There may, for example, be improved catches from the spillover of fish into adjacent exploited areas. Employment opportunities may arise in and around the protected area. The area may provide ecosystem services.
On the other hand, there could be management expenses, decreased access to resources, and loss of income from fishing. Social opportunities could be reduced.
South African research has seldom explored these and other less tangible effects, such as existence or heritage values, or impacts on a sense of place.
Perceptions about the value of marine protected areas
We used the well researched Tsitsikamma marine protected area
as a case study. It’s South Africa’s oldest marine protected area, established in 1964.
The park had a positive economic impact on the local area, bringing tourism spending and a large proportion of the local jobs. But local fishers felt restrictions on their access infringed their rights. They said they understood the need for conservation, but they disagreed with the need to close the entire park to fishing. And they continued to fish illegally. Issues of identity and culture were closely linked to access to coastal resources in this area.
This case study highlighted the very different perceptions people have of the value of marine protected areas. Perceptions range from open hostility to enthusiastic support. Intangible social, cultural and spiritual benefits or losses are critical considerations when determining the effects of protected areas. Although difficult to measure and quantify, their importance may outweigh more tangible benefits or losses.
Importantly, they largely determine the effectiveness of any conservation endeavour. Without a better understanding of people, why they do what they do, and how to communicate more effectively, many of the challenges facing conservation management will remain unsolved.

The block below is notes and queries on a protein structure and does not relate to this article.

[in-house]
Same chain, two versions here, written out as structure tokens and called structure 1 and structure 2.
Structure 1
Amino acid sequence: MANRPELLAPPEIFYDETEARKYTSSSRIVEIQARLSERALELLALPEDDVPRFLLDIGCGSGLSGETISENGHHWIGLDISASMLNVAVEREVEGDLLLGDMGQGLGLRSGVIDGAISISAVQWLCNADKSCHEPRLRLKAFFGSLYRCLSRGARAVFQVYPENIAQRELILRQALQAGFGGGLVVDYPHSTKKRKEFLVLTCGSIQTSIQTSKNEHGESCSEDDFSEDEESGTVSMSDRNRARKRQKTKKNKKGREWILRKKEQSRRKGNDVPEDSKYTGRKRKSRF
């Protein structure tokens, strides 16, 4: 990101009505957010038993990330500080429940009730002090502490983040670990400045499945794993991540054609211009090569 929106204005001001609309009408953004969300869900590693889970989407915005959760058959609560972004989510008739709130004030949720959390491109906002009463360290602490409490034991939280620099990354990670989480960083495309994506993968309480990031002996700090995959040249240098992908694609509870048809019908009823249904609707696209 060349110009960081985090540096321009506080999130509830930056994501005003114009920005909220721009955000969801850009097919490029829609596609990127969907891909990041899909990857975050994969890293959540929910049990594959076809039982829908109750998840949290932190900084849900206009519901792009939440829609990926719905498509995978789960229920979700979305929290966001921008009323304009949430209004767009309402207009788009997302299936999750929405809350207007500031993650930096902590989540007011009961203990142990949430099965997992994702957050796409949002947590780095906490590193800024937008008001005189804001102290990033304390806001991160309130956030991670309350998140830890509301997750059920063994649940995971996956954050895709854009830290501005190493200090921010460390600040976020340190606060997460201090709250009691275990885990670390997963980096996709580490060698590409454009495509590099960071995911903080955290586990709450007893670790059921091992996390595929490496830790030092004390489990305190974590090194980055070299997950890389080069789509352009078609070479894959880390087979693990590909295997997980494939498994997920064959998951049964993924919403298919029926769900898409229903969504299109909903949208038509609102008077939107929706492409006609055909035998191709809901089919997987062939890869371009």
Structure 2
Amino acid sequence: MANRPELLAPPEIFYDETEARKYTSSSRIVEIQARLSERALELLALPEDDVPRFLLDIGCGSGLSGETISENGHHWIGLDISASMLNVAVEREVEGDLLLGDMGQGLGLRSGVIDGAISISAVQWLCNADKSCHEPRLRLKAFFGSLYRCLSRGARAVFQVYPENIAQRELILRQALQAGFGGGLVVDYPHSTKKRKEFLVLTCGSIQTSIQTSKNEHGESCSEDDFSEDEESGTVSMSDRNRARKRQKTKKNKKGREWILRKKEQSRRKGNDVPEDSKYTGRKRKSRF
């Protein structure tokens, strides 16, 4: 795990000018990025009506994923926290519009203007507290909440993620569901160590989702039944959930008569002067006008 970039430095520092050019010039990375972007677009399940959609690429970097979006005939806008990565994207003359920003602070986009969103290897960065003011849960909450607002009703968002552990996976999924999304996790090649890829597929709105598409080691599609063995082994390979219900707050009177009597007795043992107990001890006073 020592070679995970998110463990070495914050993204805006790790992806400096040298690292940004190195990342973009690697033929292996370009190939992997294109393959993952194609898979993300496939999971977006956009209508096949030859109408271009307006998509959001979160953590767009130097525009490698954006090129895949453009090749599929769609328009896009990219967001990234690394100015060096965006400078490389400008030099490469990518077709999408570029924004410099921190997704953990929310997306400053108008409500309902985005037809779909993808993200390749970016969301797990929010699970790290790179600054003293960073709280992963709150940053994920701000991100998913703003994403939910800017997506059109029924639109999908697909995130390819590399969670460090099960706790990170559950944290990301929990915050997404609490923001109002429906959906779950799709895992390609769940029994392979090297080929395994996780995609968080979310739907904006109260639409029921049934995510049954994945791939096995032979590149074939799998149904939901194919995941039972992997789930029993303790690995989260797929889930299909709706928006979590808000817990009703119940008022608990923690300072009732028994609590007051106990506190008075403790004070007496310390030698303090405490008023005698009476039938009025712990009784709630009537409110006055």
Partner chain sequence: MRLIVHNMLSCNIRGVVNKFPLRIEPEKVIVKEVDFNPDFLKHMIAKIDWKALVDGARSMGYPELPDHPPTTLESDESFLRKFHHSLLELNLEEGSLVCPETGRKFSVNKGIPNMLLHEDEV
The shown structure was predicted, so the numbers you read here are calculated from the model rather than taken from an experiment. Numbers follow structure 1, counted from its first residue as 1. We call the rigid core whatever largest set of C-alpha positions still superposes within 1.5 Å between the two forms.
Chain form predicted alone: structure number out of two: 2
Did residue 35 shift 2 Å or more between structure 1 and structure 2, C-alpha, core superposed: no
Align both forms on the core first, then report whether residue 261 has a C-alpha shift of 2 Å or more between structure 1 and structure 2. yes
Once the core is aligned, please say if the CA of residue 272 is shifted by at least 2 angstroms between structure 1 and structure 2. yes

We recommend a few ways to build this understanding.
- Develop a clear methodology to enable stakeholders to collaboratively identify current and possible future ecological, social and economic effects.
- Find ways to enhance tangible benefits associated with protected areas.
- Support social science research into the effects of each marine protected area on multiple stakeholders at multiple scales (local, national and global).
- Expand training curricula for managers of marine protected areas to cover the socio-economic effects.
- Improve communication about marine protected areas with a wide range of stakeholders and decision makers.
While South Africa has an impressive record of marine biological research in protected areas, the country needs to pay far greater attention to the human aspects. We hope these recommendations, based on international and local information, will help to build a more collaborative approach to research, planning and management.
Authors: Judy Mann-Lang, Conservation Strategist, Oceanographic Research Institute (South African Association for Marine Biological Research); Bruce Quintin Mann, Senior scientist, Oceanographic Research Institute (South African Association for Marine Biological Research), and George Branch, Emeritus Professor, University of Cape Town